The massive mudslide that killed 43 people, as seen from the air a few days after the disaster near Oso. (AP File/Ted S. Warren)

The massive mudslide that killed 43 people, as seen from the air a few days after the disaster near Oso. (AP File/Ted S. Warren)

They want people to remember what happened on Highway 530

A grassroots campaign seeks to name part of the road the Oso Memorial Highway.

OSO — If they get their way, a stretch of Highway 530 between Arlington and Darrington will get a second name.

The campaign has its advocates: families who lost loved ones, locals who live across the Stillaguamish Valley and volunteers and first responders who waded into the mud in search of the missing.

They are planning to write the Washington State Transportation Commission to rally support for naming part of the roadway the Oso Memorial Highway.

“This is something we have to do,” said John Hadaway, whose brother, Steven Hadaway, was among the 43 people killed in the 2014 mudslide.

It is one aspect of efforts under way to create a memorial at the site of the mudslide.

Earlier this year, families announced plans for the memorial. They’ve been working with Snohomish County Parks. The project is to be funded through donations. The memorial committee is made up of volunteers, and contributions go directly to the project.

It will likely take upwards of $3 million to build the memorial, according to the project website. That includes design, permitting, prep work and construction.

Some pieces may be done sooner than others. One such detail is a planned sculpture of the mailboxes that once served as a landmark to turn off the highway into the Steelhead Haven neighborhood.

Getting the stretch of highway renamed fits into the group’s vision.

“It’s not about any of us,” Hadaway said. “It’s about the 43 lives” as well as those who survived and those who helped over many months.

His brother, Steven, 53, was installing a satellite dish at a home on Steelhead Drive when the slide hit. It took more than two months to find his body.

There is plenty of precedent for highway name changes. Earlier this year, a part of U.S. Highway 395 in Eastern Washington was named the Thomas S. “Tom” Foley Memorial Highway following a vote by the Legislature. Foley served in Congress for three decades, and from 1989 to 1995 was speaker of the House.

Dayn Brunner lost his sister, Summer Raffo, in the slide. She was driving on Highway 530 toward Trafton for a side job trimming horse hooves when her Subaru was encased in mud.

He wants drivers to understand what happened when they drive through the valley and specifically the area that was once home to a close-knit neighborhood.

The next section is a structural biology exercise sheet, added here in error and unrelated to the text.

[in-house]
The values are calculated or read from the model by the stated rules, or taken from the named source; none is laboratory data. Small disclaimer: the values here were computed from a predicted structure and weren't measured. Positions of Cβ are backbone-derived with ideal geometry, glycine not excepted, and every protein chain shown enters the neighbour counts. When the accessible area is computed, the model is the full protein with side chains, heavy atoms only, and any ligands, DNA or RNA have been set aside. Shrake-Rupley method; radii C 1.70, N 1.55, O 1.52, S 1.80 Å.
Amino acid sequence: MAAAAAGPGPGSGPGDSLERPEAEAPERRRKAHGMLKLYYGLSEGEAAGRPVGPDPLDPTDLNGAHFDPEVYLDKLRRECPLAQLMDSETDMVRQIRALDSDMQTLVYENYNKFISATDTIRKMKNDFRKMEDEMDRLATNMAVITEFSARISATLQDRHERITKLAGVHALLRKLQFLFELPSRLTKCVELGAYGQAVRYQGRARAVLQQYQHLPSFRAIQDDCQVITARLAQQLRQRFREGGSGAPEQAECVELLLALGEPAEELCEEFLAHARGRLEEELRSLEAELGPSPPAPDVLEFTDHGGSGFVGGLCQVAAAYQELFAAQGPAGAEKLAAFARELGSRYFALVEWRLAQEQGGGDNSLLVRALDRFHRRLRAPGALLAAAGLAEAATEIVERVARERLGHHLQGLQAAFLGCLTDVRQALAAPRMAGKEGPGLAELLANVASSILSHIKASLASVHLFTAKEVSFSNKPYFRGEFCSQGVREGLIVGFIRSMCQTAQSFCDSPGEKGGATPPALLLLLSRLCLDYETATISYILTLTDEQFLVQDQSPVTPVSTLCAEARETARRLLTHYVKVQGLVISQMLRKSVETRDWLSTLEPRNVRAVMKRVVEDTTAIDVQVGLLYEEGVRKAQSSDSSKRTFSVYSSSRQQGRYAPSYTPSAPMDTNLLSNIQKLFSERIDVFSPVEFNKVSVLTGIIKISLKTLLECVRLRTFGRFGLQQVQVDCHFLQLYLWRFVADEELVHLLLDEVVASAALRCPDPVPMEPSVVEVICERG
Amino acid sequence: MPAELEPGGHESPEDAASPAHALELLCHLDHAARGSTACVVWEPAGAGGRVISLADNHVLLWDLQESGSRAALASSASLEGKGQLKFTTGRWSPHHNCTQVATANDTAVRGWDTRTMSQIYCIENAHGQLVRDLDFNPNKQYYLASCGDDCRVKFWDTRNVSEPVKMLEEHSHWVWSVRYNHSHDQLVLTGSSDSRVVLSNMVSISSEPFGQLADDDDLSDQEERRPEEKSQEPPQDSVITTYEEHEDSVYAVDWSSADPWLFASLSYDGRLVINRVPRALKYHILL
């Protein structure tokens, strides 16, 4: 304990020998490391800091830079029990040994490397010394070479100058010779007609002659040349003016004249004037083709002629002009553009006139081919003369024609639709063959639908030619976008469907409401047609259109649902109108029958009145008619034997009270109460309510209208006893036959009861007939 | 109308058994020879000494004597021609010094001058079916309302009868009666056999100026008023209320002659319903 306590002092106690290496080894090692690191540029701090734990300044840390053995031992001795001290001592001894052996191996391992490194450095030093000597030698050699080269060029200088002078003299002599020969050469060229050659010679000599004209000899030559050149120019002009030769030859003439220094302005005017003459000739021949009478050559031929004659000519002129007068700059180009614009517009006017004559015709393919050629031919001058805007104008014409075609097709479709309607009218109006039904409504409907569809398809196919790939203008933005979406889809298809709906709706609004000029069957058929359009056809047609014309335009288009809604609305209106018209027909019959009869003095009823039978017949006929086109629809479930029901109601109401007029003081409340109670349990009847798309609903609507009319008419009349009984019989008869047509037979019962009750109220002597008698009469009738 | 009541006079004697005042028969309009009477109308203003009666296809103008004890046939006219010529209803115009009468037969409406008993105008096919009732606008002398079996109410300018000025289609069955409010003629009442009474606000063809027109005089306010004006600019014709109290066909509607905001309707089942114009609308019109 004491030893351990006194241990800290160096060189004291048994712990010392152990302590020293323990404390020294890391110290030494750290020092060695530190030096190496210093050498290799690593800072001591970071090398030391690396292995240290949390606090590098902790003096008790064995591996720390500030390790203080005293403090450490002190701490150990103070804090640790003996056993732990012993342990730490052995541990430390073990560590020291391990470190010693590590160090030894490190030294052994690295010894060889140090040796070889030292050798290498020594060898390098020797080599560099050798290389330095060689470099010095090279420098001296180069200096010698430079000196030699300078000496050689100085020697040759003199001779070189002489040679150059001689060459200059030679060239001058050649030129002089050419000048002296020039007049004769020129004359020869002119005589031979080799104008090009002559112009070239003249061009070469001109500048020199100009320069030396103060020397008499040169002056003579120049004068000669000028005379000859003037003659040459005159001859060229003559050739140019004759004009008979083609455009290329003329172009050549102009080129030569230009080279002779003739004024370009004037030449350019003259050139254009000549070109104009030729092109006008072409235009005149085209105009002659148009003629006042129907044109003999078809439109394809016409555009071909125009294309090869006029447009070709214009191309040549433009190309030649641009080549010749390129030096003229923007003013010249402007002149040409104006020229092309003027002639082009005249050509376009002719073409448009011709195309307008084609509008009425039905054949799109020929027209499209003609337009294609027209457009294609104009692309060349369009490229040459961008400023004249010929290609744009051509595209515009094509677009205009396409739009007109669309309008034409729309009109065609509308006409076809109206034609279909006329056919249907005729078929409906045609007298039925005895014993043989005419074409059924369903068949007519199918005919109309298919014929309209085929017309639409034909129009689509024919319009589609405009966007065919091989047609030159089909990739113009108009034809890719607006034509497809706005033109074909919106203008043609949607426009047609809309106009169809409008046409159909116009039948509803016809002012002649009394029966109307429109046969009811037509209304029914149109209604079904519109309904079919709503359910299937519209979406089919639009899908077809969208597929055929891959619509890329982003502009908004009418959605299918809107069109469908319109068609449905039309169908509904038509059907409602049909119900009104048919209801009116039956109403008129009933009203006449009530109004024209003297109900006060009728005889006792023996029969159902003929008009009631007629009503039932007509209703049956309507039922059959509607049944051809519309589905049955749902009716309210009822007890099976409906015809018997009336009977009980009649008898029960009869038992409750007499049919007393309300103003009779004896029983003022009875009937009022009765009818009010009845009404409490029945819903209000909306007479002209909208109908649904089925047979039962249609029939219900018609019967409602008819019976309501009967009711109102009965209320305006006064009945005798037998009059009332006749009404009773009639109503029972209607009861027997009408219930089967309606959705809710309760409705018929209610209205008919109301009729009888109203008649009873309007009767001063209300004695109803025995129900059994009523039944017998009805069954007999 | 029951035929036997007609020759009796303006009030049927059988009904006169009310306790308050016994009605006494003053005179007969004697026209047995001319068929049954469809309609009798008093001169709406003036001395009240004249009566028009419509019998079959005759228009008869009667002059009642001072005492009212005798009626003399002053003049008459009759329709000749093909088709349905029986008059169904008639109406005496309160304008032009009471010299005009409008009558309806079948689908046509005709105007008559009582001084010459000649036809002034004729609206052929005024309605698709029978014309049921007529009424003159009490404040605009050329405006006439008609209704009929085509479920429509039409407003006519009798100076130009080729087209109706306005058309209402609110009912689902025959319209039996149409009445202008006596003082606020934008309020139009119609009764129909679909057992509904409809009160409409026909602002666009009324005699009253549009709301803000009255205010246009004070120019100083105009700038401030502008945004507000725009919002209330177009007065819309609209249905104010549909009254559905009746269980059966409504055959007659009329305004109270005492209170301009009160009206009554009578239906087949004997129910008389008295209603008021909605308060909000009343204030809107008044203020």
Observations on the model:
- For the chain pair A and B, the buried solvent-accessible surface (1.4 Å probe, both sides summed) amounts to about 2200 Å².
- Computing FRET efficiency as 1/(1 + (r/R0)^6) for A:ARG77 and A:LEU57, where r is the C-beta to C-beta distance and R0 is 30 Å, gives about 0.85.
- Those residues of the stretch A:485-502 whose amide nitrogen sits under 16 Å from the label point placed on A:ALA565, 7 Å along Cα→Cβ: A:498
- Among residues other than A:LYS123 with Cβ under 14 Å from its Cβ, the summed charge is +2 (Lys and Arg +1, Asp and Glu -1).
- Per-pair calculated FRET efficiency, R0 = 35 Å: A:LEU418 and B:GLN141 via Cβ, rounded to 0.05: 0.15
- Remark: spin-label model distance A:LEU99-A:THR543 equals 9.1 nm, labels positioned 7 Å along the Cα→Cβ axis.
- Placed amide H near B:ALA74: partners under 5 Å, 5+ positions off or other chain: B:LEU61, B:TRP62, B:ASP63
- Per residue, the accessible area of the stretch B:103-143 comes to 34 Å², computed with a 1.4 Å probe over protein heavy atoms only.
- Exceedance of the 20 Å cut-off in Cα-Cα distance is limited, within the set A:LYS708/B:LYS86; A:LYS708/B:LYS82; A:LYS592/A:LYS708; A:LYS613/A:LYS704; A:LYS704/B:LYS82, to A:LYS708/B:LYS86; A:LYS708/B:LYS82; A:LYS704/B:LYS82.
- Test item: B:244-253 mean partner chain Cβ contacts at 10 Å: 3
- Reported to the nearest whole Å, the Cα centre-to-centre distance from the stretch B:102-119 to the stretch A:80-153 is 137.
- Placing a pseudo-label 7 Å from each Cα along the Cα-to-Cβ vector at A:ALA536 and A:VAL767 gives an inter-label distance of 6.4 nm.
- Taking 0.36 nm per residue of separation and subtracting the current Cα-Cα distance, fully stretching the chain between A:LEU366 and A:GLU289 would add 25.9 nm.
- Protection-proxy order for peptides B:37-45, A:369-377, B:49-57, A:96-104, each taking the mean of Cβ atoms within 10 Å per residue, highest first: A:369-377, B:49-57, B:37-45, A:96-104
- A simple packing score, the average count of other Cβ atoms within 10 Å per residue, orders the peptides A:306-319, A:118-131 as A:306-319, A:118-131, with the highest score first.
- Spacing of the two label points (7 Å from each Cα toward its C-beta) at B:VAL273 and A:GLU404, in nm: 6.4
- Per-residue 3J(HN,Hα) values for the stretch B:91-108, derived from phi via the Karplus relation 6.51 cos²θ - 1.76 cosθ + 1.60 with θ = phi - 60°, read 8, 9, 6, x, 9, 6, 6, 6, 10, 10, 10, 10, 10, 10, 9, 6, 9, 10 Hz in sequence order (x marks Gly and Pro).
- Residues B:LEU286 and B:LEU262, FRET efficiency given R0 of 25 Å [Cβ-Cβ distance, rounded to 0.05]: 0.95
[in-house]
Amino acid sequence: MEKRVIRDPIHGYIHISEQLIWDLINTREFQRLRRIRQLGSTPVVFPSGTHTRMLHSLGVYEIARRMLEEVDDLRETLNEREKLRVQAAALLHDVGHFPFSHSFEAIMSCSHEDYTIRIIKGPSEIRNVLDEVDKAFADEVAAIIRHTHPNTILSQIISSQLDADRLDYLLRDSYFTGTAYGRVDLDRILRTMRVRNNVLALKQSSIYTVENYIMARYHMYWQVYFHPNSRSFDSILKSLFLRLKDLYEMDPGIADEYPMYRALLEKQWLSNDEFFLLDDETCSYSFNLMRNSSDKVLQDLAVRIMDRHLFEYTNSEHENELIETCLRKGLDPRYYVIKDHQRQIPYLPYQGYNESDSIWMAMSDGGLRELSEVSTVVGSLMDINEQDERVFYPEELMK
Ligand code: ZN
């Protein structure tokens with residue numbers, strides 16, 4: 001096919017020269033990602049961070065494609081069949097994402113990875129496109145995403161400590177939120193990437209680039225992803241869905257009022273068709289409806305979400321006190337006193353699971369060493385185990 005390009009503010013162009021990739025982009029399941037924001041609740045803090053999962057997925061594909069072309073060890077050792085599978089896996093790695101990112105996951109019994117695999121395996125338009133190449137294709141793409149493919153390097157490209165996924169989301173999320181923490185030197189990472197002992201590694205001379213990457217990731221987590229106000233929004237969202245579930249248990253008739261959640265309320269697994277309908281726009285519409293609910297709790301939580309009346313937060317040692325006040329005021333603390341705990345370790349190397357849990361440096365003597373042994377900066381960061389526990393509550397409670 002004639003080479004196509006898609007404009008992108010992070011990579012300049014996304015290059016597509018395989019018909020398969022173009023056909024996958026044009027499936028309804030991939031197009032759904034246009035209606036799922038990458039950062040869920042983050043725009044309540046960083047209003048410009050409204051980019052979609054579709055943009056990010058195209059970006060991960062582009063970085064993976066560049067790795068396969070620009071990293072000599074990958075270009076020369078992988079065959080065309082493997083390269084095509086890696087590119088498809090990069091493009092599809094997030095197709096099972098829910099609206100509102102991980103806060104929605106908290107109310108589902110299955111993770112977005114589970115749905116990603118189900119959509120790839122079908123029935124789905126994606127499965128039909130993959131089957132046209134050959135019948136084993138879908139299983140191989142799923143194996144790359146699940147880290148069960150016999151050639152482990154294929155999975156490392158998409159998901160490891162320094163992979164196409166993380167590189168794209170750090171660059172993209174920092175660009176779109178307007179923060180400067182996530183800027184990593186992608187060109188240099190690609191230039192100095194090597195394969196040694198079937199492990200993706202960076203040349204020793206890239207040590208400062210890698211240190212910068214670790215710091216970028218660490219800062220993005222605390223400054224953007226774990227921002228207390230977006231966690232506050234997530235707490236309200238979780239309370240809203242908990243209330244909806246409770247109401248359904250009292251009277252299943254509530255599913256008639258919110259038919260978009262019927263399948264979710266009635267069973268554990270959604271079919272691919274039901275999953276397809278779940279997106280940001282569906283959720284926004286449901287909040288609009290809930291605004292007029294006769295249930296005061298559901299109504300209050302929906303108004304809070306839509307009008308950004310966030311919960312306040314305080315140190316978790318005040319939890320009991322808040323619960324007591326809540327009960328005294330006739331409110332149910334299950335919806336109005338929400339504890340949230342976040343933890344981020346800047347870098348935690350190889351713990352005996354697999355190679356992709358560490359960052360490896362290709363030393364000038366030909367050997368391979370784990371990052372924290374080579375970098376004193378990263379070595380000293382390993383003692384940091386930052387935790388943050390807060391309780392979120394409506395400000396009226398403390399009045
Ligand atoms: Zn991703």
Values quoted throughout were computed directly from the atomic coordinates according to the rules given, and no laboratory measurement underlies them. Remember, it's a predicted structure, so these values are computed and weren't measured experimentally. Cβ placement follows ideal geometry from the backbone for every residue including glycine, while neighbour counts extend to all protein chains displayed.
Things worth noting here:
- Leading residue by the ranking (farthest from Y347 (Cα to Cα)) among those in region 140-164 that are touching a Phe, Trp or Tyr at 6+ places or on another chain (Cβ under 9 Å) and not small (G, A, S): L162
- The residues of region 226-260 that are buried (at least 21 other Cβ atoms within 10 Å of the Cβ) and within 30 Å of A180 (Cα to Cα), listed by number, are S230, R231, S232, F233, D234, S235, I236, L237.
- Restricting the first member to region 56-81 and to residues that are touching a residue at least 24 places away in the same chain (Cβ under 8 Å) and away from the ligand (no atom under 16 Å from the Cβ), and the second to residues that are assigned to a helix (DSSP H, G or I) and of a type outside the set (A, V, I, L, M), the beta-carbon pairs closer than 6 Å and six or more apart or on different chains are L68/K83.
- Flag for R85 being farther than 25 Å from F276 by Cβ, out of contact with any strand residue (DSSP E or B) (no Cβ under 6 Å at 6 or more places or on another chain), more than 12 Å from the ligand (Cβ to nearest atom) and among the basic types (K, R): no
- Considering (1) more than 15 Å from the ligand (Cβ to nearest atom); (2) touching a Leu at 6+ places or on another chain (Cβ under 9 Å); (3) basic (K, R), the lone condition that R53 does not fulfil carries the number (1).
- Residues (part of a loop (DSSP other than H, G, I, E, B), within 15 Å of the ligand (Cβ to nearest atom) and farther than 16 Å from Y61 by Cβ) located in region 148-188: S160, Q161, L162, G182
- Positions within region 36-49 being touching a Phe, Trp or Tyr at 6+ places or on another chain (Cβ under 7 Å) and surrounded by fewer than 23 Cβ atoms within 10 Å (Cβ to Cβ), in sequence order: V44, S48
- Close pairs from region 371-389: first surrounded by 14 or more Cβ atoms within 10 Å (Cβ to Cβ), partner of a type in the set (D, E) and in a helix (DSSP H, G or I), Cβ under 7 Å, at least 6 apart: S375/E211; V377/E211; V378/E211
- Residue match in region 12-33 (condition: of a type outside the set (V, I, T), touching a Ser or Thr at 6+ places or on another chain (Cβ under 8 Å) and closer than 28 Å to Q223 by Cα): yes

“My number one thing is the legacy of the 43 lives,” Brunner said. “This is one thing we can do.”

Eric Stevick: 425-339-3446; stevick@heraldnet.com.

Talk to us

More in Local News

Michael Jensen, left, and Nathan Jensen, right, pick up trash in their encampment that they being forced to clear out of by Parks Department the near Silver Lake on Wednesday, Jan. 23, 2019 in Everett, Wa. (Olivia Vanni / The Herald)
Annual homeless count could shed light on pandemic’s impact

Snohomish County canceled its 2021 point-in-time count. Officials hope this year’s will bring clarity.

Section of a tsunami high ground map. (Island County)
Tsunami warning fizzled, but future threat to Whidbey is real

State and county officials have long warned about the possibility of a tsunami striking the island.

Judge: Sex abuse of former Marysville student violated law

A woman sued the district last year, accusing a longtime art teacher of sexual abuse in the 1980s.

Darrell Cain, Pierce College Puyallup president and incoming Everett Community College interim president
Pierce College Puyallup president picked to lead EvCC for now

Everett Community College’s board chose Darrell Cain as its interim president.

Christian Sayre (Washington County Sheriff's Office)
$1 million bail for Everett bar owner charged with rapes

Christian Sayre, 35, owner of The Anchor Pub, was charged last week with 10 counts of felony sex crimes.

NO CAPTION NECESSARY: Logo for the Cornfield Report by Jerry Cornfield. 20200112
Democrats ready to ditch the other ‘grand bargain’ of 2021

Here’s what’s happening on Day 10 of the 2022 session of the Washington Legislature.

Photo by Emily Gilbert/Whidbey News-Times
Jonathan Kline said a museum would be coming in to take most of the pews from the former Jehovah's Witness church on Morris Road outside Coupeville. The Whidbey Homeless Coalition wants to turn the building into an overnight shelter.
Appeal filed against homeless shelter project near Coupeville

More than 300 neighbors signed a letter saying the location isn’t an appropriate place for the shelter.

Snohomish County Jail. (Sue Misao / Herald file)
As omicron surges, frustrations and challenges mount in correction facilities

More than 10% of those in state prisons are infected. “We’re kind of in this Twilight Zone cycle,” one prisoner said.

The entrance to the new free COVID vaccination site at the Everett Mall on Monday, Jan. 17, 2022. (Olivia Vanni / The Herald)
Free mass-vaccination site opens Tuesday at Everett Mall

Hundreds of appointments are up for grabs at the state-run site, which will offer initial doses, boosters and pediatric shots.

Most Read